If you’re a business executive in the United States, seeking knowledgeable and experienced legal guidance concerning breach of contract, it’s essential to have an understanding of the pressing need for quality counsel. A breach of contract can be very challenging to manage and without the right support and resources, it can quickly escalate into a more significant issue that incurs substantial costs and consequences.

It’s not difficult to locate quality legal counsel resources. With the right preparation and research, business executives can find counsel that have an understanding of the local regulations, specific to the state they are based in. In this article, we will provide an overview of breach of contract, including why it’s an important issue and why it’s essential to have the best counsel to help protect your business.

Overview of Breach of Contract

A breach of contract is a situation in which one or both parties involved in a contractual agreement fail to fulfill their stated obligations. Contracts are legally enforceable agreements between two or more parties and provide terms under which each side agrees to act. Generally speaking, a contract is valid and binding when two or more parties voluntarily enter into an agreement that is both legally enforceable and legally binding.

However, when one of the parties fails to fulfill their obligation, it can lead to a breach of contract. Business owners should never sign a contract if they are uncertain of their ability to comply with the terms. Furthermore, they should always make sure they’re entering into a valid and enforceable contract.

Types of Breach of Contract

Breaches of contract can be divided into two categories: material and immaterial breaches. Some of the most common types of material breaches include the failure to perform a stated obligation of the contract, the non-payment of money owed, or significant delays in completing a task. On the other hand, an immaterial breach relates to a minor mistake or error in the performance of the contract.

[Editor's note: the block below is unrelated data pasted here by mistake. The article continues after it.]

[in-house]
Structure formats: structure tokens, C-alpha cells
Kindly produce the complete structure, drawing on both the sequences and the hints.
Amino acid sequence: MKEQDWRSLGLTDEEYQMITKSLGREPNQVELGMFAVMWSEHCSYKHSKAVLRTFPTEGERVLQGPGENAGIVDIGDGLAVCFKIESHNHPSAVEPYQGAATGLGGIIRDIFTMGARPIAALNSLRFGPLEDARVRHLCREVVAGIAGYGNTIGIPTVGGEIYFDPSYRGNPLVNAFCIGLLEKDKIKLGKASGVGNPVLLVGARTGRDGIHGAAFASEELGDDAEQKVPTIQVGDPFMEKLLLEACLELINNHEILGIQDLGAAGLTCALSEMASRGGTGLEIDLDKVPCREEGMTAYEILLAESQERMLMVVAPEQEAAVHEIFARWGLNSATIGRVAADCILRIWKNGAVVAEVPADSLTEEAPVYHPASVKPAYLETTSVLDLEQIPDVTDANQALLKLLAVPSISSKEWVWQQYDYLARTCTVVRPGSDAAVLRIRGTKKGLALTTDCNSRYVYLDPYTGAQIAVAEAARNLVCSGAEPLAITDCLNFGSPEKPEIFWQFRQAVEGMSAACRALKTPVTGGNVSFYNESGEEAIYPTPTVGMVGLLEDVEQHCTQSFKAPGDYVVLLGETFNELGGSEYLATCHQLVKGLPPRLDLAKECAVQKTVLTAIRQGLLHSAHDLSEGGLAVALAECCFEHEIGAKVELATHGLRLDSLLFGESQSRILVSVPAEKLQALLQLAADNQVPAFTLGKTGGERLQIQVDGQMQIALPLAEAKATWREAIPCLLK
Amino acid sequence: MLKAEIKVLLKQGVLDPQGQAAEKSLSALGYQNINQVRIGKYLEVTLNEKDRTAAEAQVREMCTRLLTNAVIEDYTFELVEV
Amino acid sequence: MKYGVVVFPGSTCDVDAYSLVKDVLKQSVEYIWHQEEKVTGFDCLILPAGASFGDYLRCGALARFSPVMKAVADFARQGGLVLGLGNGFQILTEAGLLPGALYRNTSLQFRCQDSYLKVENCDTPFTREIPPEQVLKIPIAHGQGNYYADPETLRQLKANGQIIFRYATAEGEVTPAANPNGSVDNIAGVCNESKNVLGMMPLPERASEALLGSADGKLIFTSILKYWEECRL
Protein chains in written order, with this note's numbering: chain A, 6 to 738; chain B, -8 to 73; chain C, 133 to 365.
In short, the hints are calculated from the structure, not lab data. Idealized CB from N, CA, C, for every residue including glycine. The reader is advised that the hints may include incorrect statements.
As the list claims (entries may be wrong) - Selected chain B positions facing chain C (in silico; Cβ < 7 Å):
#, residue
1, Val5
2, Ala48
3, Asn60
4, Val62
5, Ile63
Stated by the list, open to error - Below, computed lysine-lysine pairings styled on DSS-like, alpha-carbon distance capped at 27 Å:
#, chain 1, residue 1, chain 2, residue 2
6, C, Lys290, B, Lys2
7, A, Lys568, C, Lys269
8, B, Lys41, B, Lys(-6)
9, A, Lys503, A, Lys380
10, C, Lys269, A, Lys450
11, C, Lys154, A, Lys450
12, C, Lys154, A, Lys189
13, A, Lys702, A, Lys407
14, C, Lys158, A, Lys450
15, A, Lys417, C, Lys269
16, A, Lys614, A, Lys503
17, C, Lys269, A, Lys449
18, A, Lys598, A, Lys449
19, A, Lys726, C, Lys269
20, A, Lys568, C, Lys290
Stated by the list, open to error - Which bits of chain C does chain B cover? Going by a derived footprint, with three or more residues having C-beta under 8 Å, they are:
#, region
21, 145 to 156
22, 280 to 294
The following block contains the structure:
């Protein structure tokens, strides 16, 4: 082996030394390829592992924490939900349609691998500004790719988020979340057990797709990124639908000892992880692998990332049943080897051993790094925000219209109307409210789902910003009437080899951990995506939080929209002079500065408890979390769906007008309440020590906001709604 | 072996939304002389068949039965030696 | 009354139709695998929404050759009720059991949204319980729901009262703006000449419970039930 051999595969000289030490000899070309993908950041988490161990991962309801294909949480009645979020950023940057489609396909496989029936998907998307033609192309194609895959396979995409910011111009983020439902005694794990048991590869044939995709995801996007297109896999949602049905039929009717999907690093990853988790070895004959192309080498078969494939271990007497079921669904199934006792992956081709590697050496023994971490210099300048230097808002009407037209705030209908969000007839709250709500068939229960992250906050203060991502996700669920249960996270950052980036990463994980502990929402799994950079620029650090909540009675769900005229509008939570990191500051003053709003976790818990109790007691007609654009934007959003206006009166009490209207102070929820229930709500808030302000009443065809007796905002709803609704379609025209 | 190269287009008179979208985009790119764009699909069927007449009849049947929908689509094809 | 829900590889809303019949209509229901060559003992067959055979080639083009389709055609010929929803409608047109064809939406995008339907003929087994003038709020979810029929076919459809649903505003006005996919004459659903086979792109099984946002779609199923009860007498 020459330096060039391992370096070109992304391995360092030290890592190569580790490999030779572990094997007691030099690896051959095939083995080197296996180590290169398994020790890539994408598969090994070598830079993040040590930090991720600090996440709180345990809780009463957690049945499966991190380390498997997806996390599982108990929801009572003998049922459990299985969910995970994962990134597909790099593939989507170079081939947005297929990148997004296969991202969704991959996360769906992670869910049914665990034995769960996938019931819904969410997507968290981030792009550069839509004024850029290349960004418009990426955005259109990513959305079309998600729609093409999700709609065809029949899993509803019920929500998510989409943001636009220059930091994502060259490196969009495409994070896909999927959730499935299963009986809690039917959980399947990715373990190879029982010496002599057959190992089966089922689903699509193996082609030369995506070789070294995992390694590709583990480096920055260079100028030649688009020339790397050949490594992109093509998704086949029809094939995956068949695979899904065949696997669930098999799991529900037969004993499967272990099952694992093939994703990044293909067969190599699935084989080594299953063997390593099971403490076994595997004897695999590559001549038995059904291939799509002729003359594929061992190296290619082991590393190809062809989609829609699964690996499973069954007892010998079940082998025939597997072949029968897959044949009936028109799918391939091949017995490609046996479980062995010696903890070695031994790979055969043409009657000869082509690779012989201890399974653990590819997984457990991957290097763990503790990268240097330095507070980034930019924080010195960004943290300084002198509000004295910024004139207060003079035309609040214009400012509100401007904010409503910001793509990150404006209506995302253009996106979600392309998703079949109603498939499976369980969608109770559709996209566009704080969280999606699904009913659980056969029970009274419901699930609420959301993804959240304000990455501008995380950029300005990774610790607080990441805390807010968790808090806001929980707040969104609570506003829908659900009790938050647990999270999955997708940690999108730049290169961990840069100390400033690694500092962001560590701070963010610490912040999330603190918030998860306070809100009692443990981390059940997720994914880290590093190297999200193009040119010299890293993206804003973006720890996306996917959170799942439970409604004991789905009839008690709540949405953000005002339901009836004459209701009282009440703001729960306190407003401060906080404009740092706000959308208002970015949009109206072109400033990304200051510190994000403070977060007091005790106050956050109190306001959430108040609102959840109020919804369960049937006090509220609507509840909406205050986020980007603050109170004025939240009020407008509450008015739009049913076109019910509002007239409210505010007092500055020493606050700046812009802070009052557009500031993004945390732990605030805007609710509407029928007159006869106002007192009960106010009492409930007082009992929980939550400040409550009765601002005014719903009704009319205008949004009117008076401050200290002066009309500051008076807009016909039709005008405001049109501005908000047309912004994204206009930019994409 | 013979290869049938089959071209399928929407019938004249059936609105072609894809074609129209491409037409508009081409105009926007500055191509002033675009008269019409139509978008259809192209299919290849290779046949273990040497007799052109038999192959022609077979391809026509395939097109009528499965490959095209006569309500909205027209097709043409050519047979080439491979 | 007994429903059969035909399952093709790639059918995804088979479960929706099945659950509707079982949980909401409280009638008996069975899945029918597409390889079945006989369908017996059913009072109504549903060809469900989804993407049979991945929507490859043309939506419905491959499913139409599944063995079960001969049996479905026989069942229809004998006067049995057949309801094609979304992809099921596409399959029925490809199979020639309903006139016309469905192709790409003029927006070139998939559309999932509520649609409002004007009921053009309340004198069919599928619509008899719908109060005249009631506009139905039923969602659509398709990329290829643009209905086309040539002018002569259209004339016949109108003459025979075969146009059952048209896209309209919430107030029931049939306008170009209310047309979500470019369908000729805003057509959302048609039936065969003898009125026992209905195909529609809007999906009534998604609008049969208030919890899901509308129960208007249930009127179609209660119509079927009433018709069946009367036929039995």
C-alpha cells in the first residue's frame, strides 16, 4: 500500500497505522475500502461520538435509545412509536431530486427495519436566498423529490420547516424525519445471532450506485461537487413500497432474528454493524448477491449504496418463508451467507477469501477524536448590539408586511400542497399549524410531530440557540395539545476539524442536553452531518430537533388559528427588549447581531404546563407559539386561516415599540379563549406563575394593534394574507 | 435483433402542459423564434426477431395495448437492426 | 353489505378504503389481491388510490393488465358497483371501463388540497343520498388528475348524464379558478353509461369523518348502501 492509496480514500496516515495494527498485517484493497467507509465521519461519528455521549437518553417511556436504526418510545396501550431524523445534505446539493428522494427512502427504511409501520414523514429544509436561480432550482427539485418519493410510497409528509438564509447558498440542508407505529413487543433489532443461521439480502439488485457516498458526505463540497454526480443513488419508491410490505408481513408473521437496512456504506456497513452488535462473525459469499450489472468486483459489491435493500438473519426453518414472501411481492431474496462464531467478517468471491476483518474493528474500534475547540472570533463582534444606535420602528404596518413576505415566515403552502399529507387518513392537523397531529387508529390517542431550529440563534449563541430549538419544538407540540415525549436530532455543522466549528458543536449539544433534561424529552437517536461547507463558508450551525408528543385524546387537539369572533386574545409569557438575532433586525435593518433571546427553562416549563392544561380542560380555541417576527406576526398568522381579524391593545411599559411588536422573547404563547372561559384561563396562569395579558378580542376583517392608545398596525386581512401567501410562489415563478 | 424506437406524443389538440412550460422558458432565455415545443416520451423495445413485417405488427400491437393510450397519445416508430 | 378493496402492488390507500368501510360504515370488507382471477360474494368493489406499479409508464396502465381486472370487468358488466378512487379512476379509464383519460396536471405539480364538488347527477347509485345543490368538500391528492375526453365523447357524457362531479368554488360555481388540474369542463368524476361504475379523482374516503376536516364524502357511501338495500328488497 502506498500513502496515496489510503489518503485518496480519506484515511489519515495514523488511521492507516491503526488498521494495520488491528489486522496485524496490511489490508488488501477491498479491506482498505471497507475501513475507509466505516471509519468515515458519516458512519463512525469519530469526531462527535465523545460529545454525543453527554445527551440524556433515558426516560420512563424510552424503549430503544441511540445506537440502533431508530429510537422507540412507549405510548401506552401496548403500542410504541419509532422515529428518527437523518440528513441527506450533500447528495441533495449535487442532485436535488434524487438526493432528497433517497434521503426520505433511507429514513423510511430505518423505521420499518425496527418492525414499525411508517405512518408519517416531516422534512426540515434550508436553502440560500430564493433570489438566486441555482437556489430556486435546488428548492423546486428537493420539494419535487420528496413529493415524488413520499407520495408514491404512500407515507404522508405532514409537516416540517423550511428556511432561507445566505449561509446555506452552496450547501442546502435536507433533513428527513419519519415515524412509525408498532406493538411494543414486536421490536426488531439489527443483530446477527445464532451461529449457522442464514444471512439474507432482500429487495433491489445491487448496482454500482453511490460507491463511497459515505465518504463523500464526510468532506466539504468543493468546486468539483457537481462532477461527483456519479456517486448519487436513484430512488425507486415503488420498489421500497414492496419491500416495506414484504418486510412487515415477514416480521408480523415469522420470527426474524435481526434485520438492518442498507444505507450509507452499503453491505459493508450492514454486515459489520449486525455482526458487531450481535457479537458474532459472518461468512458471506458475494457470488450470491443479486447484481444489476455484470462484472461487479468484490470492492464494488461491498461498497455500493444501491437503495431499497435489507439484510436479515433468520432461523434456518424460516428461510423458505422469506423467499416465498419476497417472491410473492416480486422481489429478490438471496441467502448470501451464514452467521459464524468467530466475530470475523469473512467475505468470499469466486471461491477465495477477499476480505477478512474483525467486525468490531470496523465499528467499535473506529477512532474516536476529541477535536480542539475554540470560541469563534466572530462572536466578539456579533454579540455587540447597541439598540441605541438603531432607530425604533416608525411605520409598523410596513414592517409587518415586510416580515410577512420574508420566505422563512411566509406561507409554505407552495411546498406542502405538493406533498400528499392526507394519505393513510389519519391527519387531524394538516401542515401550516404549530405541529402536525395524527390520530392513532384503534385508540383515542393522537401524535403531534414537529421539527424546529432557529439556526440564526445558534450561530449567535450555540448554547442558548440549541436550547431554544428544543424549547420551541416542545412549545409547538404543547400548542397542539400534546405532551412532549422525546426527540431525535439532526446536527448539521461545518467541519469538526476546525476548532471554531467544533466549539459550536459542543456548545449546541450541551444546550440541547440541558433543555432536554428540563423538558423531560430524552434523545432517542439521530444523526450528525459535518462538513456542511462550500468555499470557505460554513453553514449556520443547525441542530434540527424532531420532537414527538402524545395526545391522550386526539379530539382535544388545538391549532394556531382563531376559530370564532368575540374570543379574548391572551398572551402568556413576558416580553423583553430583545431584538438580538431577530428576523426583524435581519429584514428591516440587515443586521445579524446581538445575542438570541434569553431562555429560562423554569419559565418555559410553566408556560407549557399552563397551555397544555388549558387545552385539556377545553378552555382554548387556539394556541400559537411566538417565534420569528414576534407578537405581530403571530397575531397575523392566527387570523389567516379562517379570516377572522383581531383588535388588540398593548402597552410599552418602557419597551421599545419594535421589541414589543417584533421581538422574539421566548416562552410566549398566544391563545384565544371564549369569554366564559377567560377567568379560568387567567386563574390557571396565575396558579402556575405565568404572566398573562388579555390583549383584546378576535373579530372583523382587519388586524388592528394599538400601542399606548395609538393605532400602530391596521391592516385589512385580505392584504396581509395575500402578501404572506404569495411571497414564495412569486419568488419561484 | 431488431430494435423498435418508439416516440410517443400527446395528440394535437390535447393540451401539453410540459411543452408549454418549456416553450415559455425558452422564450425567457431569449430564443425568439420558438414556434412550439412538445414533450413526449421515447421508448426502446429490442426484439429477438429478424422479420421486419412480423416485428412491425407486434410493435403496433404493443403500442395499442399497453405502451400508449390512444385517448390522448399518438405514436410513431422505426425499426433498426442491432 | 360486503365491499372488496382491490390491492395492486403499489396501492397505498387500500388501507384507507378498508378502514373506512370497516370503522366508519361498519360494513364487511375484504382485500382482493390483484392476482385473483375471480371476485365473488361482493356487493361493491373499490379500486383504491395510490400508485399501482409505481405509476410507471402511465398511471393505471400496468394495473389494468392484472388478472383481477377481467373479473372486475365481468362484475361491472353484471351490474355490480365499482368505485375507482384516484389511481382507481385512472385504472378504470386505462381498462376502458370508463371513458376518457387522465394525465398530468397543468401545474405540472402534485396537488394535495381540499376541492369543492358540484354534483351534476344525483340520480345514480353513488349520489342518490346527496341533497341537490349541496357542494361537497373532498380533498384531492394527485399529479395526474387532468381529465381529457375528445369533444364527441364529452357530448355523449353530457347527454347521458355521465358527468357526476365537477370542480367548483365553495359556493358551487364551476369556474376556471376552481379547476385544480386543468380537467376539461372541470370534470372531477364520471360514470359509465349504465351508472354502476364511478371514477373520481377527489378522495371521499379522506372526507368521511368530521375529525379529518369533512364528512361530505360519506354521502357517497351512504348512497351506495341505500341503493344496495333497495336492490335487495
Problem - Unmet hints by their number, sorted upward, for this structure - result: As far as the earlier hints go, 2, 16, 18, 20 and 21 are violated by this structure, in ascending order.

If a party breaches a contract, the nondefaulting or nonbreaching party may seek an appropriate remedy. Depending on the type of breach of contract, remedies may include:

Damages: When one party breaches a legally binding contract, they risk having to pay damages depending on the extent of the breach.

Specific Performance: When damages are inadequate and the defaulting party breaches a contractual obligation, the non-defaulting party may seek a court order to compel the other party to fulfill their contractual obligations.

Cancellation and Restitution: In some cases, it may be appropriate to cancel the contract and receive restitution for any damages that have been incurred due to the breach.

Concluding remarks

Business executives should understand that breach of contract can quickly become a serious dilemma that requires professional legal guidance. Working with experienced counsel, that have knowledge of the local regulations pertaining to the state in which the business is based in, is essential in helping to protect a business.

UpCounsel is a great resource for those seeking quality counsel and attorneys. From small businesses to the Fortune 1000, innovative companies of all sizes can trust UpCounsel and its attorney community. UpCounsel’s network of experienced lawyers have an average of 14 years of experience and all profiles of online attorneys display client ratings and reviews of recent work.

When you entrust UpCounsel with your business’ legal requirements, you can always be assured that you’ll receive quality legal support whether you just need a single consultation or an entire freelance legal department.


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